Time Dependency of Long Noncoding Rnas

Expression of stroke-relevant lncRNAs is dependent on the reperfusion time. In one study, 259 lncRNA isoforms at 6 h, 378 isoforms at 12 h, and 217 isoforms at 24 h following reperfusion were differentially expressed compared to sham controls, and a reperfusion time-specific analyses revealed that lncRNAs reached peak expression levels at 6 h following reperfusion (Liu et al., 2016). Transient focal ischemia induces widespread changes in lncRNA expression, and the characteristics of distinct reperfusion time-point-dependent expressions reveal that lncRNAs might participate in the progression of ischemic pathophysiology (Bhattarai et al., 2017).

Time-dependent expression may result from different half-lives (t1/2). For example, analysis of the t1/2 of lncRNAs and mRNAs in the mouse Neuro-2a cell line showed that only a minority of lncRNAs are unstable. LncRNA t1/2 vary over a wide range, comparable to that of mRNAs, though on average less, which is suggestive of complex metabolism and widespread functionality. In addition, combining t1/2 with comprehensive lncRNA annotations identified hundreds of unstable (t1/2 < 2 h) cis-antisense, intronic and intergenic lncRNAs, as well as lncRNAs showing extreme stability (t1/2 > 16 h; Clark et al., 2012). Moreover, some studies have reported that lincRNAs with short half-lives (t1/2 < 4 h) are well-known regulatory lincRNAs and that several ncRNAs with long half-lives (t1/2 ≥ 4 h) are involved in housekeeping functions (Tani et al., 2012), similar to mRNAs. Because the median lncRNA t1/2 is 3.5 h (Clark et al., 2012), an unstable lincRNA is defined as that with a t1/2 less than 4 h and a stable lincRNA as that with a t1/2 greater than or equal to 4 h. Some relatively stable lincRNAs with long t1/2 may serve “housekeeping” roles (Wang et al., 2014). The strategy of monitoring RNA t1/2 will provide a powerful tool for investigating hitherto functionally uncharacterized regulatory RNAs (Tani et al., 2012).

Potential Markers

The expression levels of lncRNAs change significantly in the brain and blood after ischemic stroke, suggesting that lncRNAs are potential biomarkers for this event (Dykstra-Aiello et al., 2016), and several studies have identified the differential expression of lncRNA in mouse models (Dharap et al., 2012; Liu et al., 2018). Despite recent progress in clinical research on lncRNA markers for stroke, application of lncRNAs as biomarkers in the clinic has not yet been realized, because detailed mechanistic studies are lacking for many of them. Below, we discuss lncRNAs that have been evaluated in patients (Table 1).

TABLE 1
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Table 1. LncRNAs from clinical research in IS patients.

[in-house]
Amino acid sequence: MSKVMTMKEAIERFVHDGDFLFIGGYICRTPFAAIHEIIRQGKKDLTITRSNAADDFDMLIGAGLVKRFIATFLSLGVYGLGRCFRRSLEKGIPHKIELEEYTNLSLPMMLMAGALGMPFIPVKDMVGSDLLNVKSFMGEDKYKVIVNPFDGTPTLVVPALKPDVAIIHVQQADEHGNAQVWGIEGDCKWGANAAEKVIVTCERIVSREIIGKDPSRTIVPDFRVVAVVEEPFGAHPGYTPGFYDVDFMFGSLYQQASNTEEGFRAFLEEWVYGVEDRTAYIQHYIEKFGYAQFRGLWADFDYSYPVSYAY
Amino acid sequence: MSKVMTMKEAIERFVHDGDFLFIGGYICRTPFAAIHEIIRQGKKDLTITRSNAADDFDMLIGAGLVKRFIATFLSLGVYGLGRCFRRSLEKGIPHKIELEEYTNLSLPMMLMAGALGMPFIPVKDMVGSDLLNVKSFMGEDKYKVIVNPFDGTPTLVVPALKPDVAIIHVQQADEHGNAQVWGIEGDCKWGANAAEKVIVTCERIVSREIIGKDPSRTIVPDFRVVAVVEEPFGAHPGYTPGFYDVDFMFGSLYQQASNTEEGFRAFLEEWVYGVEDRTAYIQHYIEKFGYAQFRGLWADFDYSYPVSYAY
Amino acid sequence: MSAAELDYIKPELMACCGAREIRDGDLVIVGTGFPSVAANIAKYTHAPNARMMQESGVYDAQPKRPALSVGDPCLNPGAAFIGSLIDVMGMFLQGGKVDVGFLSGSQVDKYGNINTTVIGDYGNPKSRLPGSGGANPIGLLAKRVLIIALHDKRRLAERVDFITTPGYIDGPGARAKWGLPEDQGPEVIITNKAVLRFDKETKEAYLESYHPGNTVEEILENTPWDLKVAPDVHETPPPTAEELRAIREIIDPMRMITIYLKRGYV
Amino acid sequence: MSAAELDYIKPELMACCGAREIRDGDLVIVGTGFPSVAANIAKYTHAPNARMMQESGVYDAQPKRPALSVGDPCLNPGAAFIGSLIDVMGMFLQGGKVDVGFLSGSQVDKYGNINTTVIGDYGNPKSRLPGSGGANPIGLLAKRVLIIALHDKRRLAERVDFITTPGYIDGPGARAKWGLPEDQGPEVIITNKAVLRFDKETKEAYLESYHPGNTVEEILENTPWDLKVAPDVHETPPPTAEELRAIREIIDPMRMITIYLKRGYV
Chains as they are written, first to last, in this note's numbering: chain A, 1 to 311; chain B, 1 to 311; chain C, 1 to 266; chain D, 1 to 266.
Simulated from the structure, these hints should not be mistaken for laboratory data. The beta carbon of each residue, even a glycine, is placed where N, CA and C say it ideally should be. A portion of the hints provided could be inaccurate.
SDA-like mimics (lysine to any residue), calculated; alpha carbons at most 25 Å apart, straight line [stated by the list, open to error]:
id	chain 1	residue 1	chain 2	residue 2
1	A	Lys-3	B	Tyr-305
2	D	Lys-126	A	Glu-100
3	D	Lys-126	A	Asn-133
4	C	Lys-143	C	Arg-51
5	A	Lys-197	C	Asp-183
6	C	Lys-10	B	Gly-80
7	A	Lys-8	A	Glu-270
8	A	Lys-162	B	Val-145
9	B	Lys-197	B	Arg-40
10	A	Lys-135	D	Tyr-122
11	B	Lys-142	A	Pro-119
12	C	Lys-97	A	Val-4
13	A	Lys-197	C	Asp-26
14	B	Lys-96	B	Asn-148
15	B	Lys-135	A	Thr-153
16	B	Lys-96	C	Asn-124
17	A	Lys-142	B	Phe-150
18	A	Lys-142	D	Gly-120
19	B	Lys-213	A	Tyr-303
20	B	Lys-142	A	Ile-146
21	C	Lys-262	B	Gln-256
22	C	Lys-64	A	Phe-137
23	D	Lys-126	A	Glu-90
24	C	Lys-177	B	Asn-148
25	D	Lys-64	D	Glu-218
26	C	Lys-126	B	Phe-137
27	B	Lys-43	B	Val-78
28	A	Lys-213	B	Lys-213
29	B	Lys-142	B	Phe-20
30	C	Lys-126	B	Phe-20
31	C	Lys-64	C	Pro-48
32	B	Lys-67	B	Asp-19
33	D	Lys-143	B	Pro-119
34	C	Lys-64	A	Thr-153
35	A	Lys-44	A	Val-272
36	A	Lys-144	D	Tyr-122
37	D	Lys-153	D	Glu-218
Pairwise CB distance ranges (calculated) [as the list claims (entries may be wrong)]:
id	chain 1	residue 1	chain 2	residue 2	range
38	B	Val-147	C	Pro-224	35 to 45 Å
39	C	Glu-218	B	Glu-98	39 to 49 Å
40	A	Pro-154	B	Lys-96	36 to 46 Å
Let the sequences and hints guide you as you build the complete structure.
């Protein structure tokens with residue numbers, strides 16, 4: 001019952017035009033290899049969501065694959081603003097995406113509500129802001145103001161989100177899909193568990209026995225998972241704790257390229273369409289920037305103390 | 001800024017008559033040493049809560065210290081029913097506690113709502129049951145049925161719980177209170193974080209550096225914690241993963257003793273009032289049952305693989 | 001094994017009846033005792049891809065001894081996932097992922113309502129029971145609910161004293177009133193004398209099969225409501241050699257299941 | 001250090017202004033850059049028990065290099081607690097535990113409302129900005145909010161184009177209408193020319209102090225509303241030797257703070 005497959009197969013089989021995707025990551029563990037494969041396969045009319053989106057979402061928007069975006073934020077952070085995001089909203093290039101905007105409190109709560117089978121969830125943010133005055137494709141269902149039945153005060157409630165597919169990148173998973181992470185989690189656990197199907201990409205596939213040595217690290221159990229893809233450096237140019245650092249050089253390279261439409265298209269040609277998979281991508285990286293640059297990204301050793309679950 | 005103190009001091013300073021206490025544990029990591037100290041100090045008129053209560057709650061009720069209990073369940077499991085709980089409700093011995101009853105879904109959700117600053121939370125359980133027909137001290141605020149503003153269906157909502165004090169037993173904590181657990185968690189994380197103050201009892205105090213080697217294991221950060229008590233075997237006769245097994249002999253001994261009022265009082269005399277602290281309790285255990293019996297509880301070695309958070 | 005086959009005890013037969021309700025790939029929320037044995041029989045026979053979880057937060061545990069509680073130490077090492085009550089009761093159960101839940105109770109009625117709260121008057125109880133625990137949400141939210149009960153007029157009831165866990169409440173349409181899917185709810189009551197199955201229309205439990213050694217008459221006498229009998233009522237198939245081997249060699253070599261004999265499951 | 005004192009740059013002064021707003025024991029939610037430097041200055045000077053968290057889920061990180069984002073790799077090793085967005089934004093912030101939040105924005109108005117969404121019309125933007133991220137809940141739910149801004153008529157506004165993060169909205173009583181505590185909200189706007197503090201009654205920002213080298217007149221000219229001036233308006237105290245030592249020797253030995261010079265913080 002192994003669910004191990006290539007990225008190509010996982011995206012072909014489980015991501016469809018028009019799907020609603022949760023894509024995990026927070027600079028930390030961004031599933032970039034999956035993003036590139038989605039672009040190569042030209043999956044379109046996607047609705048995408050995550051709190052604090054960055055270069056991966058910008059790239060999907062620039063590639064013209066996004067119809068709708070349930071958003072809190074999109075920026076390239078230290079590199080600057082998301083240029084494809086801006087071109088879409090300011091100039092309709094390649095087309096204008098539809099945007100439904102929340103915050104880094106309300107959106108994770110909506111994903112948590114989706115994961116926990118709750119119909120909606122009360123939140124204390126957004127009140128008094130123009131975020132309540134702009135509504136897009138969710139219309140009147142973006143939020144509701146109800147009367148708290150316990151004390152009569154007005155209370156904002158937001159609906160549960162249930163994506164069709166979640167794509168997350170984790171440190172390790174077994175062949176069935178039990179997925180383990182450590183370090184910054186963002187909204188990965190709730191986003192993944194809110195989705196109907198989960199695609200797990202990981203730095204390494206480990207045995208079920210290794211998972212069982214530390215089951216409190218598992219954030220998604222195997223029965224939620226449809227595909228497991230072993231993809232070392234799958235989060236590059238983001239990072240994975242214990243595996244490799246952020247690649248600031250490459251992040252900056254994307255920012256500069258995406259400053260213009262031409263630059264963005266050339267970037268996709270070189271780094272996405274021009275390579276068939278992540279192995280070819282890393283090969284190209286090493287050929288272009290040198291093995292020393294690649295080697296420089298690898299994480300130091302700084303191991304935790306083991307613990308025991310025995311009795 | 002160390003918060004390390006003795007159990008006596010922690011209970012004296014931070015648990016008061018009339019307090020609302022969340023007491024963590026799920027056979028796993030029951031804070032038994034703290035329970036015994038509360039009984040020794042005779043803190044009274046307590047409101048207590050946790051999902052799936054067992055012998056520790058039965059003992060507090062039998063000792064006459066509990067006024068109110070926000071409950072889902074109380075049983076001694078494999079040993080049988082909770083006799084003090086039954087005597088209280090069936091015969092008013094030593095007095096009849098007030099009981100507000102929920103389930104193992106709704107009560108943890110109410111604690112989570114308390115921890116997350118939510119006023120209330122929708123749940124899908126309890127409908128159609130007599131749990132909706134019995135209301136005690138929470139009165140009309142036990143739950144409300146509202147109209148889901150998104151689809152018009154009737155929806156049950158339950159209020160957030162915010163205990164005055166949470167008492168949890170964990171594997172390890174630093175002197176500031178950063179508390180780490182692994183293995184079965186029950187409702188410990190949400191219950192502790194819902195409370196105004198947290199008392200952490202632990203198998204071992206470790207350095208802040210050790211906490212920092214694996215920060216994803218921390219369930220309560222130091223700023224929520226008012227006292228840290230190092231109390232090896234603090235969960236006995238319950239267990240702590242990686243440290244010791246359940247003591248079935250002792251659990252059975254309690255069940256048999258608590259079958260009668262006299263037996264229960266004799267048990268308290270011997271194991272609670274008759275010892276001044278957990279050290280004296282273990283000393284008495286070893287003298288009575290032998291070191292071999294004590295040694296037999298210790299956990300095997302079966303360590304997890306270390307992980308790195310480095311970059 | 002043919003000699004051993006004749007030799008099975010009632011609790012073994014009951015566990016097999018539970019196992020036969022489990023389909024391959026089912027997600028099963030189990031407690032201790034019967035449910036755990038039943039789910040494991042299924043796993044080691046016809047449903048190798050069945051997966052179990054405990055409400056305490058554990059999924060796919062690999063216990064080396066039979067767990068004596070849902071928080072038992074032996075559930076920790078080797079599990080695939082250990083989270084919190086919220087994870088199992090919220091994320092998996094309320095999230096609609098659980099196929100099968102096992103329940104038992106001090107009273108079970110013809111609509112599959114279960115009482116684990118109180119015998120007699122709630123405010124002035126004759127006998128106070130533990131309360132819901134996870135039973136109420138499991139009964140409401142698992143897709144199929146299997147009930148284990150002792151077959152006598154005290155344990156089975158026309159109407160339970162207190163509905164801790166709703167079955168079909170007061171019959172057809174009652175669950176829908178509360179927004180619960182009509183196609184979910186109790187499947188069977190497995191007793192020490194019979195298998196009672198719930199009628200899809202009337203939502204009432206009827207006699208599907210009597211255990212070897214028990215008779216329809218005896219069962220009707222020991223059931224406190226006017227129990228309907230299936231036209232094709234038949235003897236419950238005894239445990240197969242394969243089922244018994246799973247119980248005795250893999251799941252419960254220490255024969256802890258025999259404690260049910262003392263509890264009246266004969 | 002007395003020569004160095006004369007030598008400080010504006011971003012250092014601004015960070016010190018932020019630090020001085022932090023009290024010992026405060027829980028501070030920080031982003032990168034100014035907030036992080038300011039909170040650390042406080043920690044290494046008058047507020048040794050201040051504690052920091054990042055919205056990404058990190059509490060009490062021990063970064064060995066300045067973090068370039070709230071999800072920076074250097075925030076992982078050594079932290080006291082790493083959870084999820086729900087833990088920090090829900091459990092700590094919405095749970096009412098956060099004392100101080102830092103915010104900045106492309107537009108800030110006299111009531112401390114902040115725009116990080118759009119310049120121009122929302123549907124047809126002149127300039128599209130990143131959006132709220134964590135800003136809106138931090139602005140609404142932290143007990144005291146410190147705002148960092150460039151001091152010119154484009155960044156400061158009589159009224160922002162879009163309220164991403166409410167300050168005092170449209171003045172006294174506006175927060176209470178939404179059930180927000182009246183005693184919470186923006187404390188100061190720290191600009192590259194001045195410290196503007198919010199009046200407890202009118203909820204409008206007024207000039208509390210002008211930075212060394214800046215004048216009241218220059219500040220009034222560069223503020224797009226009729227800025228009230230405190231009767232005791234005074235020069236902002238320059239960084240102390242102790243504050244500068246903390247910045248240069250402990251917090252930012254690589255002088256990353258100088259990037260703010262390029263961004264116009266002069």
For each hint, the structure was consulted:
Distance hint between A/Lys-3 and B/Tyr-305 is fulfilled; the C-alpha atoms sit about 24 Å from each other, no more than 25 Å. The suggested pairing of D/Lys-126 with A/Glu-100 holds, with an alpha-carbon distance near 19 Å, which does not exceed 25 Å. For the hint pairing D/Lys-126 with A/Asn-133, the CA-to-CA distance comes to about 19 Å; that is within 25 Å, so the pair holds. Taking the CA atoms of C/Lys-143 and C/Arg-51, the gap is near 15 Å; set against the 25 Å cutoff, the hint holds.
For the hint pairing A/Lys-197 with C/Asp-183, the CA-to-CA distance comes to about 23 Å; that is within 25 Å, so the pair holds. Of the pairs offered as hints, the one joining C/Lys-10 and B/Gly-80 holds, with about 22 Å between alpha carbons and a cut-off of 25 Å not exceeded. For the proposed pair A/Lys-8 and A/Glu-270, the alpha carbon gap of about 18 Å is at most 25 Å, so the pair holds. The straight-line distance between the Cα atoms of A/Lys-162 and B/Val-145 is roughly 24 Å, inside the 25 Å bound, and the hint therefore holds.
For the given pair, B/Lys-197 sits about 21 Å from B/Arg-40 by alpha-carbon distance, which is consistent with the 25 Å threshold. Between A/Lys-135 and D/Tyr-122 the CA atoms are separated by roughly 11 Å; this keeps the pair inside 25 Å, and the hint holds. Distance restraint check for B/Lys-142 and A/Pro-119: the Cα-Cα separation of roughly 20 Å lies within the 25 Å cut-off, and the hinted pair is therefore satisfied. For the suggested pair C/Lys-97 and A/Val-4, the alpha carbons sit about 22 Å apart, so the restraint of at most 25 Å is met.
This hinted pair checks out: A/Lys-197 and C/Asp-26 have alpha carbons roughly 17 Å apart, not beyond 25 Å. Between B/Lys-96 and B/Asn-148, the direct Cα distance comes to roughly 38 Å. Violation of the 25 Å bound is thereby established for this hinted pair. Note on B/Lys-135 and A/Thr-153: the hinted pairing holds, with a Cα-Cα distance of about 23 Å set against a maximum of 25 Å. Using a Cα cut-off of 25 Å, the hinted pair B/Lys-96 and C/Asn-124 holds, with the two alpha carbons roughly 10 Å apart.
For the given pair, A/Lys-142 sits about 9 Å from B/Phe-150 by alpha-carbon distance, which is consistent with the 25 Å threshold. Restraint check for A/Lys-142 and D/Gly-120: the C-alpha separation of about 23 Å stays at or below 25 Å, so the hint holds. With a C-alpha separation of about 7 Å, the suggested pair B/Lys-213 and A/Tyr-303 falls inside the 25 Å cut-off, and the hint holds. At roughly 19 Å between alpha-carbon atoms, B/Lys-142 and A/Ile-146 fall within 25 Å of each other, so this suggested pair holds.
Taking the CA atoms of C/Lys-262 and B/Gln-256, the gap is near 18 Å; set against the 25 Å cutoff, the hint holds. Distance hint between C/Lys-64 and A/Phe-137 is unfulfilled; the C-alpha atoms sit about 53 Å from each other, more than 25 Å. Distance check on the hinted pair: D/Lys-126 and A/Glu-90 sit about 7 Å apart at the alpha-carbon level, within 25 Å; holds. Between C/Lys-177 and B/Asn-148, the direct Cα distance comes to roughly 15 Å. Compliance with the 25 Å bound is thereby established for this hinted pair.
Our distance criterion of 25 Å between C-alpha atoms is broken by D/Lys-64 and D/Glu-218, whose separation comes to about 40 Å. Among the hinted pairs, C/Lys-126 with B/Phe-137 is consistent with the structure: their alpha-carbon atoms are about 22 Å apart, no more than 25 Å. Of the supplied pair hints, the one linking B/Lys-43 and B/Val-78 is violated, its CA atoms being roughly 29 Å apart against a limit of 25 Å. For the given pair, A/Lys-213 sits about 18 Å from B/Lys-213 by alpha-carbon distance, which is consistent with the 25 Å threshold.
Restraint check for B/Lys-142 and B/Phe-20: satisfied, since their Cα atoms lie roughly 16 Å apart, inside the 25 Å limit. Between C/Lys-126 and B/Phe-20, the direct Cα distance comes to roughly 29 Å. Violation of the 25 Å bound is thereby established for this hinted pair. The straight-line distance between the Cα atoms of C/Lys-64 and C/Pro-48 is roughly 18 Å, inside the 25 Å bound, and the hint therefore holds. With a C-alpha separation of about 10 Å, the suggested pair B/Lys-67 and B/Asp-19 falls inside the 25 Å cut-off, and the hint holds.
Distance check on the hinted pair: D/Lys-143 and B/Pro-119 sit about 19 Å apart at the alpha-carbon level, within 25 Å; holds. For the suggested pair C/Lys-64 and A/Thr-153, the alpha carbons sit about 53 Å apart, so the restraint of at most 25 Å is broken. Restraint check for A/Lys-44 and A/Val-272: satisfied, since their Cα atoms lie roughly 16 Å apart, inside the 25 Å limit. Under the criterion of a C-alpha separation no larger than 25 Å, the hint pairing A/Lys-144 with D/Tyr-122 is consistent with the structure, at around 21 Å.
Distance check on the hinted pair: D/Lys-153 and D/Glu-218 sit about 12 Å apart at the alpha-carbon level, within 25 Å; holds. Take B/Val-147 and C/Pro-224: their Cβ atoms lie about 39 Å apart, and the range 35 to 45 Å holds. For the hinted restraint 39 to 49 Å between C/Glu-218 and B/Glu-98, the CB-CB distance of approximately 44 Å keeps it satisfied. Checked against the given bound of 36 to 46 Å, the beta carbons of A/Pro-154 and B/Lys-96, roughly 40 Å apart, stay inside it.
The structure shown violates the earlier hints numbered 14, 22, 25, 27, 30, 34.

Some lncRNAs have been reported to have the potential to act as biomarkers, such as lncRNAs RMST and SNHG15 and lincRNAs FAM98A-3 and DHFRL1–4 (Deng et al., 2018; Hou and Cheng, 2018). To investigate the expression profile of lncRNAs in peripheral blood mononuclear cells (PBMCs) from acute ischemic stroke patients and to explore their utility as biomarkers, a clinical study involving 206 ischemic stroke patients, 179 healthy controls (HCs), and 55 patients with transient ischemic attack (TIA) was conducted. According to the results, lncRNAs (SNHG15 and linc-FAM98A-3) were significantly upregulated in ischemic stroke patients compared to HCs and TIA patients. Furthermore, longitudinal analysis of lncRNA expression up to 90 days after ischemic stroke showed that lincRNA FAM98A-3 had normalized to control levels by day 7, whereas SNHG15 levels remained high, indicating the ability of lncRNAs to monitor ischemic stroke dynamics and serve as a potential novel diagnostic tool (Deng et al., 2018). RMST, the expression of which was significantly upregulated in OGD-treated neurons, the MCAO-induced injured brain, and the plasma of patients with ischemic stroke, was found to be involved in the pathogenesis of ischemic brain injury. In addition, RMST silencing protected against ischemic injury; thus, RMST inhibition has potential for treating ischemic stroke (Hou and Cheng, 2018). In another study, MIAT expression was significantly upregulated in peripheral blood leukocytes of 189 ischemic stroke patients compared to controls, and this increase was markedly correlated with National Institutes of Health Stroke Scale (NIHSS) scores, mRS scores, high-sensitivity C-reactive protein, and infarct volume. Additionally, ischemic stroke patients with increased MIAT expression had a relatively poor prognosis compared to a group with low MIAT expression (Zhu et al., 2018). Similarly, BDNF-AS (antisense RNA brain-derived neurotrophic factor) was significantly upregulated in brain tissues from 20 ischemic stroke patients, and BDNF-AS siRNA inhibited hypoxia/reoxygenation (HR)-induced apoptosis and ameliorated H/R-induced reduction of mitochondrial membrane potential by activating the BDNF–TrkB–PI3K/Akt pathway following H/R-induced neurotoxicity (Zhong et al., 2017). Circulating H19 levels, which were significantly higher in 36 stroke patients compared with 25 HCs, showed a positive correlation with NIHSS scores and tumor necrosis factor-α levels. Furthermore, H19 knockdown attenuated brain tissue loss and neurological deficits 14 days post-stroke by promoting neuroinflammation to drive microglial polarization, suggesting a potential diagnosis and therapy for ischemic stroke (Wang et al., 2017b).